Sunday, June 27, 2010

Hindsight is 20/20: City's Response to the EASD Decision

Bringing up the rear, City Council objects after 
the EASD cuts 72 teachers' jobs
Posted by: Noel Jones

Douglas B. Brill wrote in an Express Times article on Thursday about how upset City Council members are at the Easton Area School District's decision to cut 72 teaching jobs in the face of a budget crisis. Considering budget workshops and meetings have been going on for over three months now, and concerned residents have been attending the workshops and meetings all along the way, it seems a little Johnny-come-lately or rather, criticism from hindsight.

I did see Councilman Ken Brown at one of the meeting about a month ago, and Mike Fleck joined for the final meeting, but that was it. If anyone else made it, please post a comment here.

Residents have been sitting through hours of meetings (sometimes until past midnight), coming up with ideas for cutting waste and saving
teachers' jobs while avoiding a tax hike on overburdened taxpayers (this sequence of meetings and resident suggestions has been chronicled on this blog--search on "EASD" to read previous articles). It worries me that our municipal bodies seem to see each other as entirely separate entities that are not to be concerned with each other's affairs, when all affairs of the City, County and School Board directly affect the people who elect them.

I hope to see more representatives from the City and County present at the meetings next year, because, believe me, if this year seemed a tough budget process to get through, next year is going to be even tougher--this pension crisis is not going away--it's getting worse. It is not just a School Board problem, it is a huge problem that affects the economy of our entire area. 72 fired teachers means 72 people on unemployment now, 72 regular customers of local businesses, that now have to tighten their wallets. Actually, including technology coordinators and others that lost their jobs, we now have 84 middle-class workers now looking for work, and where are they going to find more teaching jobs? How does this impact our local economy?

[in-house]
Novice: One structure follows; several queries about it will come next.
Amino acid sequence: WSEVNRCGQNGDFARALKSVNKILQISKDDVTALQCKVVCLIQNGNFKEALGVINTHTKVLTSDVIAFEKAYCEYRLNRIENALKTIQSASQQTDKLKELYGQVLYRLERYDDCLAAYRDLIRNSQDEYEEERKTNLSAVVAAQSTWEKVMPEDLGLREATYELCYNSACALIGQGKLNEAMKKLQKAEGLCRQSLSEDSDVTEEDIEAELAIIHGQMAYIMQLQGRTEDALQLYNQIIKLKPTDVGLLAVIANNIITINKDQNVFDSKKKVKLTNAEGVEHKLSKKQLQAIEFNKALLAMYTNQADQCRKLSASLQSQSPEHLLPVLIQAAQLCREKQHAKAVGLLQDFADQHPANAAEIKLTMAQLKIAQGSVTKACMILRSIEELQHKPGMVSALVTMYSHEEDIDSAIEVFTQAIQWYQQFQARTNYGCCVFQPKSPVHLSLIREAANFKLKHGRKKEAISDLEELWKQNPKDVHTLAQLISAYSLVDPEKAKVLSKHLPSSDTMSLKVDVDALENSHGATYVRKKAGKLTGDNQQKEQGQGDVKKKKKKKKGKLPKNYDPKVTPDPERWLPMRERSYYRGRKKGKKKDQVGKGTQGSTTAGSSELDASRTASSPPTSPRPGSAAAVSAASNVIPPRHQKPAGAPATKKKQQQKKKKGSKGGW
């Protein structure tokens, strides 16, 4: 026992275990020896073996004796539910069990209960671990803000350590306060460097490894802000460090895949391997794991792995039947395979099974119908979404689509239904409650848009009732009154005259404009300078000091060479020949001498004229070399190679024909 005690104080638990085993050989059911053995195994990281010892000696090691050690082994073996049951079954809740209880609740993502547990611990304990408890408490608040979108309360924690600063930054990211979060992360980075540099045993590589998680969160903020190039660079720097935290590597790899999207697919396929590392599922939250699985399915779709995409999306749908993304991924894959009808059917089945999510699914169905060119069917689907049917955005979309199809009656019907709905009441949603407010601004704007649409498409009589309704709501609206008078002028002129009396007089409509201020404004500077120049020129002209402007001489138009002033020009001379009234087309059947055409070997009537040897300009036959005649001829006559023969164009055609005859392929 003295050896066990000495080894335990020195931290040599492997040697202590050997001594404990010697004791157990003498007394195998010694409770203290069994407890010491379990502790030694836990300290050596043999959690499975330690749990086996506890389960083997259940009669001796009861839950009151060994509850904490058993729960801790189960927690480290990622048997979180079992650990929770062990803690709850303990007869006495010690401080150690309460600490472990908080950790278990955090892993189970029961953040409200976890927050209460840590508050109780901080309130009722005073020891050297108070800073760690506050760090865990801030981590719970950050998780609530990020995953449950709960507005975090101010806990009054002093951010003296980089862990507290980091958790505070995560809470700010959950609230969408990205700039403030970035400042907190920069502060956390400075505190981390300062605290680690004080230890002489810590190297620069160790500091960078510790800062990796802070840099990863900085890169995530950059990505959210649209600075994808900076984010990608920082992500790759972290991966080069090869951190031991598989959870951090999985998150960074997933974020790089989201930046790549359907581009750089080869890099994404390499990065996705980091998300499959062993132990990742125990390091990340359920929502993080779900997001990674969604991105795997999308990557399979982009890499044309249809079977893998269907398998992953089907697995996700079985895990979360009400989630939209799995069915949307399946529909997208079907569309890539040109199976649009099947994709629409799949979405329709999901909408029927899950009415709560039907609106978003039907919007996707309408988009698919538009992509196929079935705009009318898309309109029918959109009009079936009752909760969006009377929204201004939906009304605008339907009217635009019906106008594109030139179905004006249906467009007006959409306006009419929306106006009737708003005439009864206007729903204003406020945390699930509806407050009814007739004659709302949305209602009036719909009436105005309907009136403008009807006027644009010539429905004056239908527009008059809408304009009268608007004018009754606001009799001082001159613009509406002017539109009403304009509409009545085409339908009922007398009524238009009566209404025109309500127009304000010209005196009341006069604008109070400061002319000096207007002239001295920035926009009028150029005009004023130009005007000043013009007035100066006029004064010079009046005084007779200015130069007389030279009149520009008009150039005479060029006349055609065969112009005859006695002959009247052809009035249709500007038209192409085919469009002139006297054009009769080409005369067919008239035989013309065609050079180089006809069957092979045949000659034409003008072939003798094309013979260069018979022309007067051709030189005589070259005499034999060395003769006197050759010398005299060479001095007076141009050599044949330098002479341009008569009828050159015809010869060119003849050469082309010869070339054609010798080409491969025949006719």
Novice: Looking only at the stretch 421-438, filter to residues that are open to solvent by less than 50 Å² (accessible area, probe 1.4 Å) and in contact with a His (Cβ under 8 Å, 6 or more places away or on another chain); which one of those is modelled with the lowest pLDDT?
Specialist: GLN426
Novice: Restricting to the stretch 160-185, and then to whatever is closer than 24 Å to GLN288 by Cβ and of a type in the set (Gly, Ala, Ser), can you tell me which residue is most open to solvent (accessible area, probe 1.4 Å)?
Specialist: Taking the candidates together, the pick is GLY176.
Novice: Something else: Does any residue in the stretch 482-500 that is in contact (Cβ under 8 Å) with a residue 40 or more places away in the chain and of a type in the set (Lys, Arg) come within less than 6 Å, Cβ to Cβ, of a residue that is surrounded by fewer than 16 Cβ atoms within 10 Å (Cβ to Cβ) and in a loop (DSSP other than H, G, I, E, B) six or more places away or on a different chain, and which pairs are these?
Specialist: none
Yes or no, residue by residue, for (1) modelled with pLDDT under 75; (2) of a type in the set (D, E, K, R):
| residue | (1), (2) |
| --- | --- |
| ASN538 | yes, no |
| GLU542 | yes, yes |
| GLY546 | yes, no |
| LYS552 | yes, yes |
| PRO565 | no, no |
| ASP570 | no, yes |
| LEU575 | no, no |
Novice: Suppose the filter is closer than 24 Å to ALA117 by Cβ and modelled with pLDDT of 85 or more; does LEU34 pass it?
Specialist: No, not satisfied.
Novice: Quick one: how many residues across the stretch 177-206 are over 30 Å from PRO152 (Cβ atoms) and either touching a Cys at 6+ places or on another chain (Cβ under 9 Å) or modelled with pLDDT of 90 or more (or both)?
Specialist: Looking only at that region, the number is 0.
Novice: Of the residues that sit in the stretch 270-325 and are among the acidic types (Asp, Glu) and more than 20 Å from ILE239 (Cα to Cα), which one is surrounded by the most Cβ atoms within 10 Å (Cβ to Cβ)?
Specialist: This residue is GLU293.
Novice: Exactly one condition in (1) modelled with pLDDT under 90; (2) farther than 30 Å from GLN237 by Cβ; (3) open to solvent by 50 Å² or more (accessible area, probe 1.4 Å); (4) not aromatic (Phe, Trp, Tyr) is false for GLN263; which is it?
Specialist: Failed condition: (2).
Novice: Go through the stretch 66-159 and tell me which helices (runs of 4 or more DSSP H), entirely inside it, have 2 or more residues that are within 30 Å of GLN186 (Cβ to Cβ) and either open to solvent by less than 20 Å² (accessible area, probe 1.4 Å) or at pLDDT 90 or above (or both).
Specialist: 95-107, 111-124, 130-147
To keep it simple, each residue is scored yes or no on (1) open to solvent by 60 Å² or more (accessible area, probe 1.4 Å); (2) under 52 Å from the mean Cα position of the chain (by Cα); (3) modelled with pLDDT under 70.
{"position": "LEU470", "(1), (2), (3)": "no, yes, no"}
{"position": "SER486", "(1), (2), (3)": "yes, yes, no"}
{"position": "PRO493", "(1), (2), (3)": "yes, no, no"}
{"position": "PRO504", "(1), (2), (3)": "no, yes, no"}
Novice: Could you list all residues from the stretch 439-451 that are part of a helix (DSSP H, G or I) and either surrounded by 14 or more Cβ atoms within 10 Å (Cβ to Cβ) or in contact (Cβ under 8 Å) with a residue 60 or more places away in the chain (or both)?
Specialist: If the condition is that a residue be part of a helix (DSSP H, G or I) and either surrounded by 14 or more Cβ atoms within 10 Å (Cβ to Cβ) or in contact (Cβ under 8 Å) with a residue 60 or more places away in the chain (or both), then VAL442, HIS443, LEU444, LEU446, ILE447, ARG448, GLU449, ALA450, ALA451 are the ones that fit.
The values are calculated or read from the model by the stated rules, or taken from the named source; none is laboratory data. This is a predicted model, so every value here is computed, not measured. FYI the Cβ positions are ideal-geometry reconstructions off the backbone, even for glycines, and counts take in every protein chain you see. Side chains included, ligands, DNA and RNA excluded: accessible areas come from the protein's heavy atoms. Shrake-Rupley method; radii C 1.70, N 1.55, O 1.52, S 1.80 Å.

And let's not forget that because the administrators and the union refused to agree to a wage freeze, taxpayers will now see a 2.35% increase in their property taxes. Many taxpayers are already unemployed, or have experienced pay cuts. Many are seniors on fixed incomes, who can barely afford their medications.

It's time for everyone to do their research, whether residents or elected officials, and get to know who voted for what, so that we know who to support when School Board elections come around again. The members of this board did not all vote the same--unlike many public meetings in our area, these School Board meetings were engaged in some pretty passionate discourse, and the votes were almost never unison.

Before condemning the entire School Board, everyone owes it to him/herself, and to those that fought hard on the board (without getting paid a dime, I might add), to take stock of who voted how, and the attendance records of all. It's also worth thinking about the stand-off between the administrators (who are not members of the School Board, but sit with them at the meetings, and are often mistaken by the public for School Board members) and the teachers' union that led to these cuts, as well as the deficit of trust that has developed over time, as covered in Christopher Baxter's article in The Morning Call.

Please post your comments on this epic budget battle here...


Anonymous said...

Be a Smarty, vote for Marty!

noel jones said...